Dancing is another of my favorite interests
and on Moorea I was able to attend Tahitian dance lessons with Pat who
I introduced in "Sugar." Our tutor was Nita who had a ready effervescent
smile and a love of dance that radiated through the class. Nita wore a
fresh bright yellow flower crown that highlighted the standard class dress
of a small top or bikini and a length of fabric wrapped around our hips
called a pareau. Dance class had been running for three months twice a
week, so needles to say I ended up dancing two movements behind everyone
else. We practiced five dances, three that were slow and fluid in movement
with songs expressing Tahiti, her islands and her people. The other two
dances were the traditional Tamure, a fast rhythmic drum beat to which
you essentially wiggle your hips in a rapid movement to the drums, keeping
your feet flat on the ground and upper body still while moving your arms.
It all looks rather easy but then you then have to walk and turn remembering
to keep your eyes following your hands. I was rather glad class was just
an hour and a half for at the end my bottom felt like Jell-O and my thighs
as if they were in a monkey grip. Over all it was a great workout, a lot
of fun, and an insight into Tahiti's charm.
With a few days free in Rarotonga I hope to
be able to persuade someone teach me a local dance or two. Cook Island
dancing is similarto Tahitian but without the dramatic Tamure. The feet
are moved more, with alternating feet being presented sideways on each
beat of the music. The upper body remains still while the hands, arms
and eyes tellthe story. I've asked around but there is no one who gives
lessons and a few people even suggested that I attend aerobics instead,
guess I'll keep asking.
Traditional dancing, Cook Islands.
Traditional Custom Dancing of the
Small Mambas, Malakula Island
We were invited to watch a dance performance
by the village at Banam Bay on SE Malakula Island. As a means to create
income for the village they have formed a culture group to perform their
traditional dancing. Their art of dancing had nearly been lost and was
restored and taught three years ago by a village elder who now overseas
The men dance separate from the women and
it is tabu for the village women to view and enter the men's sacred dancing
compound called a Nasara. It is here that the men danced dances of life
representing happiness, the sun, circumcision, and the life of a warrior.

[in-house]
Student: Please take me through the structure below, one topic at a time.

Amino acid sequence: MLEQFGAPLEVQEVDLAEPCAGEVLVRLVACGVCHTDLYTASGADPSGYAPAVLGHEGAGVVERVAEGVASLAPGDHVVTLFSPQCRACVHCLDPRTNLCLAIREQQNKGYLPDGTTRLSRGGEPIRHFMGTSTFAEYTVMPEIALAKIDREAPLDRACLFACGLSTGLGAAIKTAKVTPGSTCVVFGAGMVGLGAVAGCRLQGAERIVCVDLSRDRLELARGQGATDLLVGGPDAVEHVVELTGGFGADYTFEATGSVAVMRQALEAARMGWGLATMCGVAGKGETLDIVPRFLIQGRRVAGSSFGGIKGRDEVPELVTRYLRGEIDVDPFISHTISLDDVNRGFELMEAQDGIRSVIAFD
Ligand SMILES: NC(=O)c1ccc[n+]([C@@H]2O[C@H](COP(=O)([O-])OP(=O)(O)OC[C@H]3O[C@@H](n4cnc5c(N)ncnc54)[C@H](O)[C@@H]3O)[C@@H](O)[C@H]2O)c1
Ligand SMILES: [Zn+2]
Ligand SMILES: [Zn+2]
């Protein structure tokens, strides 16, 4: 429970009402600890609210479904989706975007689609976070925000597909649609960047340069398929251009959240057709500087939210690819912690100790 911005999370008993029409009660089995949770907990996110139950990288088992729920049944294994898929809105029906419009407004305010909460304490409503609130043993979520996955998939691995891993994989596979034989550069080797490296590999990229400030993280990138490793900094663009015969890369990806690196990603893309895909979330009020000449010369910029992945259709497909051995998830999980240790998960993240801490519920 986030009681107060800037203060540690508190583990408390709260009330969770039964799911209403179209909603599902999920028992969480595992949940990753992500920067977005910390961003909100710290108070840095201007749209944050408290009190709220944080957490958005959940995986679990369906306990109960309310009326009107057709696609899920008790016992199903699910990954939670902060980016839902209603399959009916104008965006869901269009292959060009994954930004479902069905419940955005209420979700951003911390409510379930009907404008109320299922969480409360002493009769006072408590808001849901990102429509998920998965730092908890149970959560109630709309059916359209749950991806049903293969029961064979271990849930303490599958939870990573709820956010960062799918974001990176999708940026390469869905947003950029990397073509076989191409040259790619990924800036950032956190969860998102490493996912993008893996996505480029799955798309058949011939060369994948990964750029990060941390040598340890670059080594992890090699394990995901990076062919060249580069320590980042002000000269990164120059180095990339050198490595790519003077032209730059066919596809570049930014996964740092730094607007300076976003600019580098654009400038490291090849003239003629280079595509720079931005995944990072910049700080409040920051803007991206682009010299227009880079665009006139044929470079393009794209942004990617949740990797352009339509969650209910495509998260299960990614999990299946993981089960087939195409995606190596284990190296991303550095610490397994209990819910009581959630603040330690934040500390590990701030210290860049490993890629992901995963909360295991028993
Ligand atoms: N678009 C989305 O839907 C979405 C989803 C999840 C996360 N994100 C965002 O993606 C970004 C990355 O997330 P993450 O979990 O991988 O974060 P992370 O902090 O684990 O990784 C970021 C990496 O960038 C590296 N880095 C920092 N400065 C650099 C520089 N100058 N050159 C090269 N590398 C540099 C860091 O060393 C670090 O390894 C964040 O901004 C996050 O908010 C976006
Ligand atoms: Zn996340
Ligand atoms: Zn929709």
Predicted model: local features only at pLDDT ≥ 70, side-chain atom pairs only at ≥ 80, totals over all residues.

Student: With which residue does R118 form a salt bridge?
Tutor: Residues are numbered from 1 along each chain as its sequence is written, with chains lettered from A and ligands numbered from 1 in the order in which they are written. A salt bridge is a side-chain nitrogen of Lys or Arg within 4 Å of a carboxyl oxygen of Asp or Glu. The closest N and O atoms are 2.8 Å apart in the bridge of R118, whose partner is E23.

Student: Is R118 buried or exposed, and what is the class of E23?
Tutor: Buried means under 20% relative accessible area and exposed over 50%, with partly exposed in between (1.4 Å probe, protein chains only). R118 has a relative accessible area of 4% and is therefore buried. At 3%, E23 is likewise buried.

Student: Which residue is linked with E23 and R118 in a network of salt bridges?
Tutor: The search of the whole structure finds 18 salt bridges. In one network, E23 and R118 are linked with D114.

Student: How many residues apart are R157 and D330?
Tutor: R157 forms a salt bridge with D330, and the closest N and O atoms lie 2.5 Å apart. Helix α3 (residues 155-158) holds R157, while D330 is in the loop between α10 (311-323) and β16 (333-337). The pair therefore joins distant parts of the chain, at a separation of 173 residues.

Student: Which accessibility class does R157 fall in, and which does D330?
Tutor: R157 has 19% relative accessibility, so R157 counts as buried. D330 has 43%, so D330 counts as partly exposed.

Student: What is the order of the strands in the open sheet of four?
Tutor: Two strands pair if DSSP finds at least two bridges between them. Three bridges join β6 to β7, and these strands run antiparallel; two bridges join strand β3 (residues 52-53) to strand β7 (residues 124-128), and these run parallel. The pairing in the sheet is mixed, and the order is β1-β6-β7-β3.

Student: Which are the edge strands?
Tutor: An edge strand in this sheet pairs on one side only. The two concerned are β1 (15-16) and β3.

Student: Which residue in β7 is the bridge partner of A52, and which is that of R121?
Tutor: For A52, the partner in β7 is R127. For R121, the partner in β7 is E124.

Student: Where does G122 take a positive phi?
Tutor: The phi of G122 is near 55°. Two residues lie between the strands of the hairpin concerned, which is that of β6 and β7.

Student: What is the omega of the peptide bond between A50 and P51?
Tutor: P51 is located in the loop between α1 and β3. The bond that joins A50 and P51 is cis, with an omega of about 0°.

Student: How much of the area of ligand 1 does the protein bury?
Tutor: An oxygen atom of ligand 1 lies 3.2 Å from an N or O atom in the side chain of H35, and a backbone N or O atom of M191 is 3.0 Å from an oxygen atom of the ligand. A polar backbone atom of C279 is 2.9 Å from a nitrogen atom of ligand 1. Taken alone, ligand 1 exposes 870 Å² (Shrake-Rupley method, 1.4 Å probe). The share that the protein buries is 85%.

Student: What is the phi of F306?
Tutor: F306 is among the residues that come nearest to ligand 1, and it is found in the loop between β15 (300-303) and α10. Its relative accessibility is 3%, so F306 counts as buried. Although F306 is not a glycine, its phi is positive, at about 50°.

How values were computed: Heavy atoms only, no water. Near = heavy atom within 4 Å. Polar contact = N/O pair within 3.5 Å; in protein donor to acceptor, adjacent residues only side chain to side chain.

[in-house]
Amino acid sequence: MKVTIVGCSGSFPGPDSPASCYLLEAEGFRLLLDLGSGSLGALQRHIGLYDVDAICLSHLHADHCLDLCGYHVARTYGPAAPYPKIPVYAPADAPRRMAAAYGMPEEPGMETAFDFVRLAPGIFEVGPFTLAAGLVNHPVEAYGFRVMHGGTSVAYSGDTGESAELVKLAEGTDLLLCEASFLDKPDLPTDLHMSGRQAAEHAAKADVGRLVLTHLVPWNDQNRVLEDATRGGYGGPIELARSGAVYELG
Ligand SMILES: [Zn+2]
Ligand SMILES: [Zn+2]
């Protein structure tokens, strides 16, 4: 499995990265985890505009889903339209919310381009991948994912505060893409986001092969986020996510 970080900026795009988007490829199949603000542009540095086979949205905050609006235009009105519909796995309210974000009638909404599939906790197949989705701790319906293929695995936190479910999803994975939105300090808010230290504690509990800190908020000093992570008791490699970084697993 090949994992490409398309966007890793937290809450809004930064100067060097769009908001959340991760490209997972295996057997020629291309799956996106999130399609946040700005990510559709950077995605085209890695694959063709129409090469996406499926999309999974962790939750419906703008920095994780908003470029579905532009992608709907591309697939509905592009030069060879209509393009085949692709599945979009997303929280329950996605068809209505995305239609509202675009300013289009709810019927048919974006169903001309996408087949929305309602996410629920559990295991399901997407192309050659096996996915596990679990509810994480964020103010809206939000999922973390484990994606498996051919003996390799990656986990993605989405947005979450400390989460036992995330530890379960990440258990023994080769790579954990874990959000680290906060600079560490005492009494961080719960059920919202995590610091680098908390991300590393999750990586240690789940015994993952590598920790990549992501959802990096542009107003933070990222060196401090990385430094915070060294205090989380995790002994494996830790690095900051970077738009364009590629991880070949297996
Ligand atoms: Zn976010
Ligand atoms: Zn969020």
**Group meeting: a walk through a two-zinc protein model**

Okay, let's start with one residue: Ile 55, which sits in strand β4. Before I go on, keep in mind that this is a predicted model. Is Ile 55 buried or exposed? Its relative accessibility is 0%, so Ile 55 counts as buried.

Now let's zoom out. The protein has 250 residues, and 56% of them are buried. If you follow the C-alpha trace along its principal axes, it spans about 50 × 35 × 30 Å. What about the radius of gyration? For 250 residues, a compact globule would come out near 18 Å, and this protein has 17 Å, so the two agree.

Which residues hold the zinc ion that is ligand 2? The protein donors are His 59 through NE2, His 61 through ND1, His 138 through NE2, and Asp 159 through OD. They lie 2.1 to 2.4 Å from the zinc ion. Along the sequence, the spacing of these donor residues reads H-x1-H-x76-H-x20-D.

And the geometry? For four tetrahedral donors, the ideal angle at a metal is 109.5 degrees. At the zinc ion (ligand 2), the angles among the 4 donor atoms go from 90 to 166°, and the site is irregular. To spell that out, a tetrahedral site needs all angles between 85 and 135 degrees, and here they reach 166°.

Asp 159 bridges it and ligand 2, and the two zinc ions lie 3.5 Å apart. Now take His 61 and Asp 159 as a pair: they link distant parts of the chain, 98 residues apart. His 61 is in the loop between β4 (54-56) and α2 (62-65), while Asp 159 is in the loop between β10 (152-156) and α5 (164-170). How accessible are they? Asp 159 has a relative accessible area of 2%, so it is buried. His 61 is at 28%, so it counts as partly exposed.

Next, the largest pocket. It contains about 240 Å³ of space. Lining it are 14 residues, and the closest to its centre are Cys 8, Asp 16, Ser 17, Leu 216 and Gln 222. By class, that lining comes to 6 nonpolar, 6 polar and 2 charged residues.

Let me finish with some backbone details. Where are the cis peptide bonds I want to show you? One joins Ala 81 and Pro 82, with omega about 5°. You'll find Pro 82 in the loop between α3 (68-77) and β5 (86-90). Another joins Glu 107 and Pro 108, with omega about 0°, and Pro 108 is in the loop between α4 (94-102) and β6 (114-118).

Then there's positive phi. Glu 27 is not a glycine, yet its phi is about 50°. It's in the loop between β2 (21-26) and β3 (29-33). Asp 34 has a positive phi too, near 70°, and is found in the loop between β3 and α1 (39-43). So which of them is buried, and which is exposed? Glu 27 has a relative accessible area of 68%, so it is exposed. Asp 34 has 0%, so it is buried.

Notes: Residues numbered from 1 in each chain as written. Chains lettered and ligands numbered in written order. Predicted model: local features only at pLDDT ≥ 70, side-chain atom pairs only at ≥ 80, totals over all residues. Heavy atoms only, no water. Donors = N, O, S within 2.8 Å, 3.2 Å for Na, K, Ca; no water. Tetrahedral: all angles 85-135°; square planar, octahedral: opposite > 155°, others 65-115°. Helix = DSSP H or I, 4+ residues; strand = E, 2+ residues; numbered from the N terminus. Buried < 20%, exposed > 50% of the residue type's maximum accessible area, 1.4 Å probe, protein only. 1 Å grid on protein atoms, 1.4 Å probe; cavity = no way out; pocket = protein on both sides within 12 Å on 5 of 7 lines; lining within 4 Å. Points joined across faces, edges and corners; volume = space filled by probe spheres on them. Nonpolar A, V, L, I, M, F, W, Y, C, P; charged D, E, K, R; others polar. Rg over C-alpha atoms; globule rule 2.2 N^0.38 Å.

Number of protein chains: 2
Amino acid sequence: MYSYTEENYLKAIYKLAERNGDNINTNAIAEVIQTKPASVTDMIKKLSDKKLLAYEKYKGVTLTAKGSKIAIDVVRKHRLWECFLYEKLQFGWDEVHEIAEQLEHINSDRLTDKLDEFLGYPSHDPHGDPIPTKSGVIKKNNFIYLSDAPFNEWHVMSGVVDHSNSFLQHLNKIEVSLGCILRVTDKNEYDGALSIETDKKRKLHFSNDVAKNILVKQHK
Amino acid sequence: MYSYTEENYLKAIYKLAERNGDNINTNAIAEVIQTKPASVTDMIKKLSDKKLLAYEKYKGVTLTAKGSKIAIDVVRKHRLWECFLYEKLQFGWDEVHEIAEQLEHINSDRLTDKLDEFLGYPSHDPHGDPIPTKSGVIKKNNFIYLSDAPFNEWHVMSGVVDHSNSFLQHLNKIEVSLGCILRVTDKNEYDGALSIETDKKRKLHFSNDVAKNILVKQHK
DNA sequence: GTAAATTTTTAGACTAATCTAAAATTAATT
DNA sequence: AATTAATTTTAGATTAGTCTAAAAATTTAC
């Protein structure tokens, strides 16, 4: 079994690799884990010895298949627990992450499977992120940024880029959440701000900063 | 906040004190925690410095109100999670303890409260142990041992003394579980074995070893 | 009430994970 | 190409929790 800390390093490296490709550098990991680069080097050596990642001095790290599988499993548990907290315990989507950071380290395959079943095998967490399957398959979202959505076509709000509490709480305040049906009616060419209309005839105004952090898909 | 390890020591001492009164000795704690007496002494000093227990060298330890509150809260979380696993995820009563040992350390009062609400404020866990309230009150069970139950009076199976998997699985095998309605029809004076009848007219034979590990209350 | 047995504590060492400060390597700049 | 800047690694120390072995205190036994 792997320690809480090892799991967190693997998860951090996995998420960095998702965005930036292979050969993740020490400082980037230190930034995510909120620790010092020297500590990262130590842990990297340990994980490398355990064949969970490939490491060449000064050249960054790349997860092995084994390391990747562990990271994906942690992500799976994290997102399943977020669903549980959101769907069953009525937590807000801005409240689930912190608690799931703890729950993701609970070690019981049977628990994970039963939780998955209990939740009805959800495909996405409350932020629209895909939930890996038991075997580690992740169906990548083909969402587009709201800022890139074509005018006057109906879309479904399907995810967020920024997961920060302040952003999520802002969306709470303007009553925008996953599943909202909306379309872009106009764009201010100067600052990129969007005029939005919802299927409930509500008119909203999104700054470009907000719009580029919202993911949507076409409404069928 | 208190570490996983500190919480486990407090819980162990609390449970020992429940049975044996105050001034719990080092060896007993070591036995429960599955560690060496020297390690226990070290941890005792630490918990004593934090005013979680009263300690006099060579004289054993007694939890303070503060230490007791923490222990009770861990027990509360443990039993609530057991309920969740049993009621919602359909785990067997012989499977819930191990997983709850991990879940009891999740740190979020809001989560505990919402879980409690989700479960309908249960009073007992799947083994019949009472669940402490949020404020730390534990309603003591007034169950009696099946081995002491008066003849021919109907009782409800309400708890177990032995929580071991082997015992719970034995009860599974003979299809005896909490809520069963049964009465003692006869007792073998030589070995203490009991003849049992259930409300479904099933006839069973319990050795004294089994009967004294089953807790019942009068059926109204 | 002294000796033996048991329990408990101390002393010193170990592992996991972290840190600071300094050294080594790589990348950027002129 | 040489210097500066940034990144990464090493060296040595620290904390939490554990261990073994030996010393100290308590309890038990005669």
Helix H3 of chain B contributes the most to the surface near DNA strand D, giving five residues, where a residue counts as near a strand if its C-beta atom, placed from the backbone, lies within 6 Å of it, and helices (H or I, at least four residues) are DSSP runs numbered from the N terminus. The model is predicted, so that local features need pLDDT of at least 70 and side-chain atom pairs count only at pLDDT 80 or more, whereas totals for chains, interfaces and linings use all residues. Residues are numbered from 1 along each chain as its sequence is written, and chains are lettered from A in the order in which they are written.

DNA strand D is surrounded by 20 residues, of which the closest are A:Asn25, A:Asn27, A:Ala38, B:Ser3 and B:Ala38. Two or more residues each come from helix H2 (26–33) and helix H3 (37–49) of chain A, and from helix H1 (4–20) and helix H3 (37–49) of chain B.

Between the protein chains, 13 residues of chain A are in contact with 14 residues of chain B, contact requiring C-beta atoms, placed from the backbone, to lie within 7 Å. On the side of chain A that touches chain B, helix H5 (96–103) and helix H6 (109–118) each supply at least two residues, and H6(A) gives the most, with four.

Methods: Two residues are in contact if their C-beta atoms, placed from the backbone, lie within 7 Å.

The women's compound is just outside and we watched the women and children
dance to a quick slit drum rhythm and chanting. They stood in two rows
and every so often in time to the music would cross over finishing with
a whoop and holler. The women invited the ladies in our party to join
in and we proceeded with a slow run and hop crossing over to the other
line now and then. It was exciting standing next to these strong proud
women dressed only in grass skirts, for time seemed to stand still.
Amanda joins the women in performing custom dancing
I had worn my flower crown that I made in
Tahiti and Jean who I had met the day before was very interested in it.
I asked for some pandanas and if it was possible to pick some flowers
and leaves to show her how it was made. Before long we had quite and audience
and I ended up giving her crown as a present. In return she presented me
with a pandanas mat she had woven. Plaiting a seam down the middle then
joining two halves together starts their most common mat. The end product
is a little smaller than the Fijian mat but has an interesting center seam
from which radiates dyed strips.
I spent time joining my new friends Mehaf and
Jean under the trees in the shade swapping information on our lives. I
had bought ashore some Scottish Country and Tahitian dance music and did
a small performance, they giggled and exclaimed when I wiggled my hips
to the Tahitian tamure, and gazed in amazement at the footwork of Scottish.
I even convinced a couple of women to join me, they found that it hurt
to point their toes for the Scottish steps though they enjoyed the rhythm.
Amanda chatting with Jean after dancing
Amanda shops for a Ni-Vatu "Mother Hubbard"
Arriving in the capital of Port Vila I had
fun scoping out the local market, having enjoyed the colorful "Mother
Hubbard" dresses of the Ni-Vanuatu women I had a great time choosing